Pythons leave them singing at London reunion show

LONDON Wed Jul 2, 2014 8:37am IST

Members of British comedy troupe Monty Python (L-R) Eric Idle, John Cleese, Terry Gilliam, Michael Palin and Terry Jones pose for a photograph during a media event in central London, June 30, 2014. REUTERS/Paul Hackett

Members of British comedy troupe Monty Python (L-R) Eric Idle, John Cleese, Terry Gilliam, Michael Palin and Terry Jones pose for a photograph during a media event in central London, June 30, 2014.

Credit: Reuters/Paul Hackett

LONDON (Reuters) - An audience of 16,000 cheered for the dead parrot and the Spanish Inquisition, and sang along to "Always Look on the Bright Side of Life" in London's O2 arena on Tuesday for the premiere of what has been billed as Monty Python's last stand.

For tickets that cost up to 95 pounds ($160), and were sold out in 44 seconds, Python fans saw Eric Idle, John Cleese, Terry Jones, Michael Palin and Terry Gilliam, all in their 70s, perform together for what they have said is probably the last time.

The first of 10 nights of "Monty Python Live (Mostly): One Down Five to Go" was pretty much what it said on the tin - a medley of famous sketches performed by the people who created them. The last show, on July 20, will be broadcast worldwide.

The Pythons were aided and abetted by a live orchestra and a chorus line of singing and dancing men and women. Carol Cleveland, the only woman who made regular appearances in the 1960s show, which brought a new style of British humour to a global audience, was there to reprise her popular roles.

Graham Chapman, the sixth Python, who died in 1989, appeared on film clips, along with some of the original television footage of Python sketches shown on a huge video display.

British theoretical physicist Stephen Hawking, a professed Python fan, made a guest appearance on film while the popular British comedian Stephen Fry was on stage for the Pythons' spoof television game show "Blackmail," in which dark secrets of viewers are revealed unless they mail in large sums of money.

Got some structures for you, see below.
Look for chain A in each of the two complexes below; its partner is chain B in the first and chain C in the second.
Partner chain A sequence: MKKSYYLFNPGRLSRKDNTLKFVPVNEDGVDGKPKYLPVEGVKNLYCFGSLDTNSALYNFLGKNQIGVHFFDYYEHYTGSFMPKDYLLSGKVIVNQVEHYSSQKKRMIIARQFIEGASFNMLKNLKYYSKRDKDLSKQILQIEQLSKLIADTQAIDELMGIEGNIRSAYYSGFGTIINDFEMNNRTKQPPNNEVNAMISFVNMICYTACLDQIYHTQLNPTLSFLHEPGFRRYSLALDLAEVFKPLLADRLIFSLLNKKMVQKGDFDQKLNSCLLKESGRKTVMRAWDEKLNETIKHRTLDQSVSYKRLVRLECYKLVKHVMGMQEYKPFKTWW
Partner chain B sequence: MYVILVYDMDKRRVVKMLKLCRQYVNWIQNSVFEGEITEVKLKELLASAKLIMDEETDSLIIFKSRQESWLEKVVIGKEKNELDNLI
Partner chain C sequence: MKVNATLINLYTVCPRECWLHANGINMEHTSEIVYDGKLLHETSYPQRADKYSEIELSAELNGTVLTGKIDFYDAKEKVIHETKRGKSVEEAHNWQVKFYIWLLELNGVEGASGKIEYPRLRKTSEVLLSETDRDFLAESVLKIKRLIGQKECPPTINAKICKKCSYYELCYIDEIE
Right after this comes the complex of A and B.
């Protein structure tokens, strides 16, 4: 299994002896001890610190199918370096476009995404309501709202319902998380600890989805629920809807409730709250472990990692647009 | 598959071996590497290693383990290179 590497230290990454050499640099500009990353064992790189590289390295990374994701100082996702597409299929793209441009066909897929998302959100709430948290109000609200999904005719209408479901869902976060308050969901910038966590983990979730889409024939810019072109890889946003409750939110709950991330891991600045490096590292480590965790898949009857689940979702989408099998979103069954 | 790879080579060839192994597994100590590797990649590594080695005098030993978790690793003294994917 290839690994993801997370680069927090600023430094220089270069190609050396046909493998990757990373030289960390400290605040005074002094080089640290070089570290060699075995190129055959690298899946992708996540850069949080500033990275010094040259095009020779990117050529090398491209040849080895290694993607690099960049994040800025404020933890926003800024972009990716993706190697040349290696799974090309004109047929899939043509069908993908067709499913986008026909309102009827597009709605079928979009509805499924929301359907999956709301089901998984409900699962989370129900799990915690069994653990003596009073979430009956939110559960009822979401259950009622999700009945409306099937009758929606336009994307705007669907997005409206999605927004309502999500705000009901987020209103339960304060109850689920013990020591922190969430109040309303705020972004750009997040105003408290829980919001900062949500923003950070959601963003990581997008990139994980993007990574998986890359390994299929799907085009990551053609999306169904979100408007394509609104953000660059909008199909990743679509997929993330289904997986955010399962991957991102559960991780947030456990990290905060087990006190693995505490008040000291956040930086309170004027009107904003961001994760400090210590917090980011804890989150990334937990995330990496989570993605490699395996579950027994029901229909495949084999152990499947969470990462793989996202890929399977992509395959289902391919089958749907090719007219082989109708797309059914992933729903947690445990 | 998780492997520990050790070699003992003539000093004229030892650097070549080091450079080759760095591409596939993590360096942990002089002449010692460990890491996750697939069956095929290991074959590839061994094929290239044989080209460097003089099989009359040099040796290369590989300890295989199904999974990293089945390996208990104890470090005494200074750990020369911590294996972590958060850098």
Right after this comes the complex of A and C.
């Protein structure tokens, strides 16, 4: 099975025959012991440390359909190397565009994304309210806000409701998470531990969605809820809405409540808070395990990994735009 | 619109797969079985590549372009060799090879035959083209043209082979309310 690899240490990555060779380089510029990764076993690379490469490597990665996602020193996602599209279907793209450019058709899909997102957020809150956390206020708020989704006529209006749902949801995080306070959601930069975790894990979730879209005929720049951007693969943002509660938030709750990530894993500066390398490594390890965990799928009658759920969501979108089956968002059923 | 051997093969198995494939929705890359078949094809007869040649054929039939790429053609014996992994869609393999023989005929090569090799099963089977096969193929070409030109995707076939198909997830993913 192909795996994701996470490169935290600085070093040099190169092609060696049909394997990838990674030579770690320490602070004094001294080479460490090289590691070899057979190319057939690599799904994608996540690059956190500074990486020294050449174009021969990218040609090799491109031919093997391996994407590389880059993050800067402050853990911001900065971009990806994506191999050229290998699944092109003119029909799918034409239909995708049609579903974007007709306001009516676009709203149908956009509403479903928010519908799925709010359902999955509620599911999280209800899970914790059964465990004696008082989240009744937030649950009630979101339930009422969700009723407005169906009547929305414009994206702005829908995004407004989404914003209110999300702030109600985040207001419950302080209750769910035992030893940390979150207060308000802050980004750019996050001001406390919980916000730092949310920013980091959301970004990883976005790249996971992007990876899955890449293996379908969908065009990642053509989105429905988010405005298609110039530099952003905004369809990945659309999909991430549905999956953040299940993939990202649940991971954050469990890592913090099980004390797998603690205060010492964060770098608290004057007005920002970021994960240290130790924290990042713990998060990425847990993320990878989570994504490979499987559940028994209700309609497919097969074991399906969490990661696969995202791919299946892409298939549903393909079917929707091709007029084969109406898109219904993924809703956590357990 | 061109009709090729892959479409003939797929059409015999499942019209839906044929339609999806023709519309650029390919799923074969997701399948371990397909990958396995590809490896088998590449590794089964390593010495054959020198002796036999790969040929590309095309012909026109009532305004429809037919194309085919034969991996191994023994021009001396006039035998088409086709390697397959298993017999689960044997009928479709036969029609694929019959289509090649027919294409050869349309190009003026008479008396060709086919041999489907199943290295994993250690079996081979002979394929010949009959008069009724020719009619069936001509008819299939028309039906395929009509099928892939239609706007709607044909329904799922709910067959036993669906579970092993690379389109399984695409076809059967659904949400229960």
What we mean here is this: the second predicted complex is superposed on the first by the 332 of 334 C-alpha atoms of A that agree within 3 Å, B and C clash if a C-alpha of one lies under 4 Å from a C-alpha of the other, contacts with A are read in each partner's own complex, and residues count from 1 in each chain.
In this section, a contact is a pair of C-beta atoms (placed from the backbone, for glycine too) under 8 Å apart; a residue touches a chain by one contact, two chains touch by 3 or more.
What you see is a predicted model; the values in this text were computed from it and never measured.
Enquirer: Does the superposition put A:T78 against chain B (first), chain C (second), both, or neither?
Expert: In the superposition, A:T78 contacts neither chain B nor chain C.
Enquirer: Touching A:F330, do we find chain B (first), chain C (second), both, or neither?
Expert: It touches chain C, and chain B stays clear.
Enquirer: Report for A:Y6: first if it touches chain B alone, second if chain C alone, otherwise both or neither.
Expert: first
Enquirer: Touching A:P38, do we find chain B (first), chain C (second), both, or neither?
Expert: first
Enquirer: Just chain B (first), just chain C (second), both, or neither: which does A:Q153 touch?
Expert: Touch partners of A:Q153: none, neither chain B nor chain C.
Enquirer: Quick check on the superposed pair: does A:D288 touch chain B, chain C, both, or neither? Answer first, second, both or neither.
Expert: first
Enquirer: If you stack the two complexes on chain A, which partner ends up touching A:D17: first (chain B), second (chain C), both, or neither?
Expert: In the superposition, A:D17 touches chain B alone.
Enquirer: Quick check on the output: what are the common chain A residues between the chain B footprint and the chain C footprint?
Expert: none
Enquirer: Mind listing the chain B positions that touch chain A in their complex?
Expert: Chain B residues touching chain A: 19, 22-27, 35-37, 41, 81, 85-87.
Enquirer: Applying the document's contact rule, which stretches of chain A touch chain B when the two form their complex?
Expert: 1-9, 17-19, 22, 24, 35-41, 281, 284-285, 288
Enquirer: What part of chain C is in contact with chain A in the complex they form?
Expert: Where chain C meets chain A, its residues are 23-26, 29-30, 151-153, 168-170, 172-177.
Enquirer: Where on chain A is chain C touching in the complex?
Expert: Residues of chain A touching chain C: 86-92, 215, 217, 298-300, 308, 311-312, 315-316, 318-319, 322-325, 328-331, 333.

Some of the numbers worked better than others, but there was uproarious laughter for several skits, including one in which Cleese plays a woman scientist being interviewed on television.

The scientist's extended coughing fits delay her telling her profound theory that a brontosaurus is skinny at the neck, wide in the middle, and skinny again at the tail.

The Pythons did their famous lumberjack song, with Palin as a supposedly manly woodcutter who reveals in song that he enjoys dressing up in women's clothing.

They also did the sketch that has provided a catch phrase for the English language: "No one expects the Spanish Inquisition" with three inquisitors who threaten their prey with the torture of having to sit in "the comfy chair."

Palin and Cleese performed what is perhaps the most famous Python sketch, the man trying to return a dead Norwegian blue parrot to a shopkeeper who maintains the bird "is only kipping (sleeping)."

There were a few new numbers, including "I Like Chinese" sung by Idle backed by the singers and dancers, praising the Chinese for buying up America's debt and saying "they will survive us without a doubt".

The show ended as it inevitably had to, with the five Pythons, dressed in white tuxedos, belting out "Always Look on the Bright Side of Life."

Idle strummed a guitar and Cleese, Gilliam, Palin and Jones chimed in as the audience sang along to the lyrics "life is quite absurd and death's the final word" but you should "always look on the bright side of life".

"They really put on a great show," said Greg Clausen of Los Angeles, who had flown with his wife and son to see the show, and had last seen the Pythons at the Hollywood Bowl 34 years ago.

"They're irreverent and wild and wonderful and it's humour for the soul."

($1 = 0.5877 British Pounds)

(Reporting by Michael Roddy; Editing by Steve Orlofsky)

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